Wednesday, September 07, 2005

Price 'Gouging' (US), Profiteering (UK)

A most interesting column in today’s (7 September 2005) (Washington DC): “In praise of price gouging” by John Stossel (© 2005 John Stossel)

It’s about the politicians and media who want to punish those who practice price “gouging”, especially when there are shortages caused by events like last week’s hurricane. Stossel disagrees and makes a counter-case:

“Consider this scenario: You are thirsty -- worried that your baby is going to become dehydrated. You find a store that's open, and the storeowner thinks it's immoral to take advantage of your distress, so he won't charge you a dime more than he charged last week. But you can't buy water from him. It's sold out.

You continue on your quest, and finally find that dreaded monster, the price gouger. He offers a bottle of water that cost $1 last week at an "outrageous" price -- say $20. You pay it to survive the disaster.
It was the price gouger's "exploitation" that saved your child

Stossel’s good point is that prices cause people to change their behaviour. Instead of buying casually for any reason, including trivial ones, the make a more serious choice than usual, weighing up whether to buy the same amount or less and save their money for something else.

Adam Smith had quite a lot to say about famines in “Wealth of Nations” (“Digression Concerning the Corn Trade and Corn laws”, IV.v.b: 524-43) and the price changes and their consequences he spoke of for famines apply to other situations of severe shortages. He considers that the actions of governments to cap prices, will either bring on severer shortages, as people stock up, or from their continuing to consume recklessly.

Stossel continues:

“Might the water have been provided by volunteers? Certainly some people help others out of benevolence. But we can't count on benevolence. As Adam Smith wrote, "It is not from the benevolence of the butcher, the brewer or the baker, that we can expect our dinner, but from their regard to their own interest."

In quoting this famous passage, Stossel misses off the next sentence, which conveys a most important point, slightly changing the stark message of self-interest towards a more accurate presentation of Smith’s views:

“We address ourselves not to their humanity but to their self-love, and never talk to them of our own necessities but of their advantages” [WN I.ii.2: 27]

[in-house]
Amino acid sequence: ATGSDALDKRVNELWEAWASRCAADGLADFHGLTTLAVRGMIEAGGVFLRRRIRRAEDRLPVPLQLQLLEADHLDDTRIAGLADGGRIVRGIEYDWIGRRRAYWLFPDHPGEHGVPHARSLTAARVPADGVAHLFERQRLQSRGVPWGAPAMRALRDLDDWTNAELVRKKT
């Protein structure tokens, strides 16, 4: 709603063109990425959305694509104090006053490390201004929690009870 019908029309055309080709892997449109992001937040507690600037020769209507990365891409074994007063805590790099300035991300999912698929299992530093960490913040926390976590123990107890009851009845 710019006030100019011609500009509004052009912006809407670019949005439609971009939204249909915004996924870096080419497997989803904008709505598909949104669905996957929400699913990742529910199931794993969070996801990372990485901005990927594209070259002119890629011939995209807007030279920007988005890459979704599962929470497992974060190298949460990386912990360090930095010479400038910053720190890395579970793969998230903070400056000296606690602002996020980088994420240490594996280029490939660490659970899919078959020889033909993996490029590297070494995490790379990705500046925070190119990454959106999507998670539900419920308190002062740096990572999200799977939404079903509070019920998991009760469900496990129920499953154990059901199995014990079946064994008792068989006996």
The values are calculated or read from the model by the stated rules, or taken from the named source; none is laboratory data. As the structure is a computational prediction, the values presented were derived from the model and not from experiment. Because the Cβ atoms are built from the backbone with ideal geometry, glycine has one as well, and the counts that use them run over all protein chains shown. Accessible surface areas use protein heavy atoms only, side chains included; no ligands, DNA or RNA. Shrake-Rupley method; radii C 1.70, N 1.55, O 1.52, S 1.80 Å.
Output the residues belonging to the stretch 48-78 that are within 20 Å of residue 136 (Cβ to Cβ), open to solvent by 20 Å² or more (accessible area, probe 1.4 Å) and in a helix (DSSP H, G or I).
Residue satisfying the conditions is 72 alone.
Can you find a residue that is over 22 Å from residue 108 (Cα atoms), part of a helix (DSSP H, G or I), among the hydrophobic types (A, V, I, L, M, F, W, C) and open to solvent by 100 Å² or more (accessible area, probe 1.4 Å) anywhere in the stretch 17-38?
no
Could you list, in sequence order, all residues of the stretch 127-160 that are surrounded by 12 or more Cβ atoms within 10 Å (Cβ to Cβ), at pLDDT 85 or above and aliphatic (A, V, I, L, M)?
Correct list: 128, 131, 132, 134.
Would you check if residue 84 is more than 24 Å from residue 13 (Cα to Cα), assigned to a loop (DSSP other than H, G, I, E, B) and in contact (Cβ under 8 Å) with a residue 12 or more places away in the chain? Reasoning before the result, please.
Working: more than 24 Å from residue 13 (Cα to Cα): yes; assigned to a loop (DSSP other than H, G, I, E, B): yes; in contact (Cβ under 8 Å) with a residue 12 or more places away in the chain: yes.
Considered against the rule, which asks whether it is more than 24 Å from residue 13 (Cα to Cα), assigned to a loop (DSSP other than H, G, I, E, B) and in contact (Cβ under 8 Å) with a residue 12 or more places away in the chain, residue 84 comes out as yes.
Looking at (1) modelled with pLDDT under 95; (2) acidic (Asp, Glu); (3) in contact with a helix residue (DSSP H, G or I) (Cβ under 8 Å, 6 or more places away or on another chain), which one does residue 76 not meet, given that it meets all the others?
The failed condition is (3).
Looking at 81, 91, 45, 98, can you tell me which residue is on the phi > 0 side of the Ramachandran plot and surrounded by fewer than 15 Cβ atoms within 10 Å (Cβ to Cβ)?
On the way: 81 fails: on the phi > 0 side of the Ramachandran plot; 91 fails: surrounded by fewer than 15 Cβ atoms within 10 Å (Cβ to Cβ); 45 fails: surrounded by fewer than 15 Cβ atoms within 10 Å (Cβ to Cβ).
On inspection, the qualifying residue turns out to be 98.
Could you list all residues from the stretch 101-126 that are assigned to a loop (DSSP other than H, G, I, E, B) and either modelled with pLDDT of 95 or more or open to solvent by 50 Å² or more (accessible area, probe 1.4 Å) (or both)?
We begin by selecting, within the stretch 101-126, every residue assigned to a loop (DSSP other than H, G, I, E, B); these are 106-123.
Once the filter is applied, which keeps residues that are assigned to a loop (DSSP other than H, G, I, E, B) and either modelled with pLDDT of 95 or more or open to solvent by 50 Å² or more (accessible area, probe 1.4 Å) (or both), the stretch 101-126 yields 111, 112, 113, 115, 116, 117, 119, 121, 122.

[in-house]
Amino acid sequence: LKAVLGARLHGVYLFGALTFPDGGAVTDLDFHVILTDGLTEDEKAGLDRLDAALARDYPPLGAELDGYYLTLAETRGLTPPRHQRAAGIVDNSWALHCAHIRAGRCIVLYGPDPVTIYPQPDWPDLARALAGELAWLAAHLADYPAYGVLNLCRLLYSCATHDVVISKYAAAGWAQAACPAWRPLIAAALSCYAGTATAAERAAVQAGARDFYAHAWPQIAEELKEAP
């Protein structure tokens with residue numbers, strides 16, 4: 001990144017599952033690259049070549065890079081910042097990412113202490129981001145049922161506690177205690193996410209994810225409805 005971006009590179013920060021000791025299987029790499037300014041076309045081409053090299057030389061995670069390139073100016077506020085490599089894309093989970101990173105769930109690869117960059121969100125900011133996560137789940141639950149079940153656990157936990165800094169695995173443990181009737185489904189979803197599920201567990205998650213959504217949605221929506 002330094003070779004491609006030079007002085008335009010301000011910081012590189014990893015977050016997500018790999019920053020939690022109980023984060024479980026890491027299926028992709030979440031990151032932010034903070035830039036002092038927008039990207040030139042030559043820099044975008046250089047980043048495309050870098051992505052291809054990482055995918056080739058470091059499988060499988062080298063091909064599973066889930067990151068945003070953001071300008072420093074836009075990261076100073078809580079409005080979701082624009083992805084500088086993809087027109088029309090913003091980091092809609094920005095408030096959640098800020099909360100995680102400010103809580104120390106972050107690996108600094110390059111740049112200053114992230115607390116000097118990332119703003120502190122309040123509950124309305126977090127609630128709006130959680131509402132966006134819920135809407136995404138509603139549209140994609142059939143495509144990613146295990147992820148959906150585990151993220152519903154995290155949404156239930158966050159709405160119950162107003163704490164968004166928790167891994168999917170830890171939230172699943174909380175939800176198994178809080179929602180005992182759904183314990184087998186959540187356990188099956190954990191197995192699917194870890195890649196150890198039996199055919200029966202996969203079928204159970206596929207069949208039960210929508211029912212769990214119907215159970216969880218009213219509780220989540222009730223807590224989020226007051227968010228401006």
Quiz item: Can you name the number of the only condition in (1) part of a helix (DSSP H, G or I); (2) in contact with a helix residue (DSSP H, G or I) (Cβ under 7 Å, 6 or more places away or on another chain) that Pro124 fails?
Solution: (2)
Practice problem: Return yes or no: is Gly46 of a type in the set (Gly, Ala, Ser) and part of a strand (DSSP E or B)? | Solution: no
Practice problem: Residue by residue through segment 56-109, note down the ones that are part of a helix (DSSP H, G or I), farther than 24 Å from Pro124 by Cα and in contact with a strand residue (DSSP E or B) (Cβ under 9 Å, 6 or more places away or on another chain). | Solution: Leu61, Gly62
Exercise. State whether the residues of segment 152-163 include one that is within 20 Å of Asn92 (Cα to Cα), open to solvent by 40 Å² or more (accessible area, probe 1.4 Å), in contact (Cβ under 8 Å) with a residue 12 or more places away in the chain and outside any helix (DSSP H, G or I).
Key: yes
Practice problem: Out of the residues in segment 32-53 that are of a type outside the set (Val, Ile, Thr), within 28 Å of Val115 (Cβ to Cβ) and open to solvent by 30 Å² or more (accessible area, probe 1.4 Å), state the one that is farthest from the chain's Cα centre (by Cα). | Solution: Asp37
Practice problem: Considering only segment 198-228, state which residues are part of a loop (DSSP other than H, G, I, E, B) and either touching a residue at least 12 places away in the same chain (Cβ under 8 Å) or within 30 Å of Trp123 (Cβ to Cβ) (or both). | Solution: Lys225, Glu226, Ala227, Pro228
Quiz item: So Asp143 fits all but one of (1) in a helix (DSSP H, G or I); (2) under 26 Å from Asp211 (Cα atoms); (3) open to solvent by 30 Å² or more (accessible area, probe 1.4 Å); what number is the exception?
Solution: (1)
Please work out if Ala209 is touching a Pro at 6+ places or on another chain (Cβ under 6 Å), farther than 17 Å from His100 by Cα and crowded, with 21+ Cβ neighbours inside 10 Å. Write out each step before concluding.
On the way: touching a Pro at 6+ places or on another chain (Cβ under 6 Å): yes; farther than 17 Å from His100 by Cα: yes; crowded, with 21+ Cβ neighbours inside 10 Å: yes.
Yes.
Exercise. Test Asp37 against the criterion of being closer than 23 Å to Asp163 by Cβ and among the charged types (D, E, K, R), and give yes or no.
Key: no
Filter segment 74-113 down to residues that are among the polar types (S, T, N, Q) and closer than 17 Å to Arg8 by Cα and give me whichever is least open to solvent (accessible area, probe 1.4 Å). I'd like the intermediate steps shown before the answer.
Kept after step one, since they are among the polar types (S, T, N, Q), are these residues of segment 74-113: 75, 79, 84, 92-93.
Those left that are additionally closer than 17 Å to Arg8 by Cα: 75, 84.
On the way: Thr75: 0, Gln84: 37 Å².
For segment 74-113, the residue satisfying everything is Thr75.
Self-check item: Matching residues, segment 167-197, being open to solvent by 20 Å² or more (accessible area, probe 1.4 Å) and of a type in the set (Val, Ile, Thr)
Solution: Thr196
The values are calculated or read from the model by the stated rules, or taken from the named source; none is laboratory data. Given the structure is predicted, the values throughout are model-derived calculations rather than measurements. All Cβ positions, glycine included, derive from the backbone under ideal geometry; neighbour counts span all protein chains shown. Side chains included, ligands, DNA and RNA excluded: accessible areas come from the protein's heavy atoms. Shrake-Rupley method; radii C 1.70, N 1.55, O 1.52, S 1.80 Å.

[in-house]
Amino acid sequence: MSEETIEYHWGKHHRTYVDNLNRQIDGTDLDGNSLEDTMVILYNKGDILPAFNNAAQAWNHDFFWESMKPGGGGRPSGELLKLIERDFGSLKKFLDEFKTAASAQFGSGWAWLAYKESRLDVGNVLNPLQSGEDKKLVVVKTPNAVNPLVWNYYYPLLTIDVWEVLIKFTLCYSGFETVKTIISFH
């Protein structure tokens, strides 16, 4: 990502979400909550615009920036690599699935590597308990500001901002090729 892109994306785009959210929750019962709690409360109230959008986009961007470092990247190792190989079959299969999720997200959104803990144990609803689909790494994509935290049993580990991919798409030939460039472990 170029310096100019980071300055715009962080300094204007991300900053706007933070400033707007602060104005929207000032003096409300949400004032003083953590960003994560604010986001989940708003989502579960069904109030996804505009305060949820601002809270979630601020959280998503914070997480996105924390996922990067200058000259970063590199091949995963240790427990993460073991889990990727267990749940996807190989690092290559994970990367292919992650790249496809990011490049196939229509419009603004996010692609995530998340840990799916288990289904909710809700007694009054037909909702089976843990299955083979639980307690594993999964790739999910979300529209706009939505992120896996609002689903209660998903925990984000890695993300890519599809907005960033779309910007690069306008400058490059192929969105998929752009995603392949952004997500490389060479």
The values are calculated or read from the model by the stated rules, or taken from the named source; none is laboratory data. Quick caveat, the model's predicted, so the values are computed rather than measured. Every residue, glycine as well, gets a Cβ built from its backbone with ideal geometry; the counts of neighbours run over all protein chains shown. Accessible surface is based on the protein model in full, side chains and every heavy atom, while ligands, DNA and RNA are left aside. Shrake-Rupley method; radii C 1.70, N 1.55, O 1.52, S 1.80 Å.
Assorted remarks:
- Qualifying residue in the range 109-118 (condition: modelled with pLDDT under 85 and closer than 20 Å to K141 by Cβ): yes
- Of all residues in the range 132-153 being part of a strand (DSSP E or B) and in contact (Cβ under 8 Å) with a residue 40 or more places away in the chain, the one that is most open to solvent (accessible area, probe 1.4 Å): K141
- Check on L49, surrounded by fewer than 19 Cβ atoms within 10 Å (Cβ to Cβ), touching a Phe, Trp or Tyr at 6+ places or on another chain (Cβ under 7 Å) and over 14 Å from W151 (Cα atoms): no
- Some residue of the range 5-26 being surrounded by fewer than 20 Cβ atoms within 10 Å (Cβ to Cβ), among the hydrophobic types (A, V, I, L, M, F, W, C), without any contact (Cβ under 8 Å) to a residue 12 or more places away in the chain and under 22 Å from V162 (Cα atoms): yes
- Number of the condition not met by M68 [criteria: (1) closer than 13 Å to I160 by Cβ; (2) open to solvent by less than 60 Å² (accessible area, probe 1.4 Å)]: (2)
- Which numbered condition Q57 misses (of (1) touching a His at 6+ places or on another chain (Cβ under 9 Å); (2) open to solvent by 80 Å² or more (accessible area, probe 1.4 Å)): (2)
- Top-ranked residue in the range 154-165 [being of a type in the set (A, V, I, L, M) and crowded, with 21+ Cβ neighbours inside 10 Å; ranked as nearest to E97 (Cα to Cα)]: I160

It is not rampant self-interest that brings about and conducts the exchange, i.e., your money for the merchant’s dinner goods (beef, beer and bead – a comment on an 18th-century diet?), because if two selfish egos conflict, nobody would get their dinner easy, nor would the supplier get whatever he wants in exchange.

The parties to the transaction must each ‘lower’ the passions by which they express their self-interest to the level which the other party can go along with. This is the bargaining process: the seller starts out with a higher price and the buyer with a lower price than the one with which they both end up. Hence, the buyer tries to convince the seller that charging a lower price would be good business and in his interest – unsold beef, beer and bread go mouldy – and the seller tries to convince the buyer of the benefits of wholesome beef, beer and bread if he buys now, which is in his best interest.

Stossel’s last point is a neat summary of his case:

Force prices down, and you keep suppliers out. Let the market work, suppliers come -- and competition brings prices as low as the challenges of the disaster allow. Goods that were in short supply become available, even to the poor.

It's the price "gougers" who bring the water, ship the gasoline, fix the roof, and rebuild the cities. The price "gougers" save lives.”

In the space John Stossel had (c.700 words) he does a pretty good job of explaining some economic hard truths. Try to disregard them, no matter your motives, and you risk making a situation worse. Government directed ‘famine relief’ in countries without the rule of law often becomes the selective punishment of whole populations who do not conform to the Government’s criteria of ‘good citizens’ (Zimbabwe, Sudan, Ethiopia). Where government agencies are corrupt and incompetent similar consequences come about (UN ‘Oil-for-Food’ in Iraq).

Resolving famines and severe shortages caused by earthquakes and floods is never an easy undertaking. The best modern author on the subject is Amartya Sen; though you won’t go far wrong by starting with John Stossel’s short piece on one aspect of dealing with emergencies.


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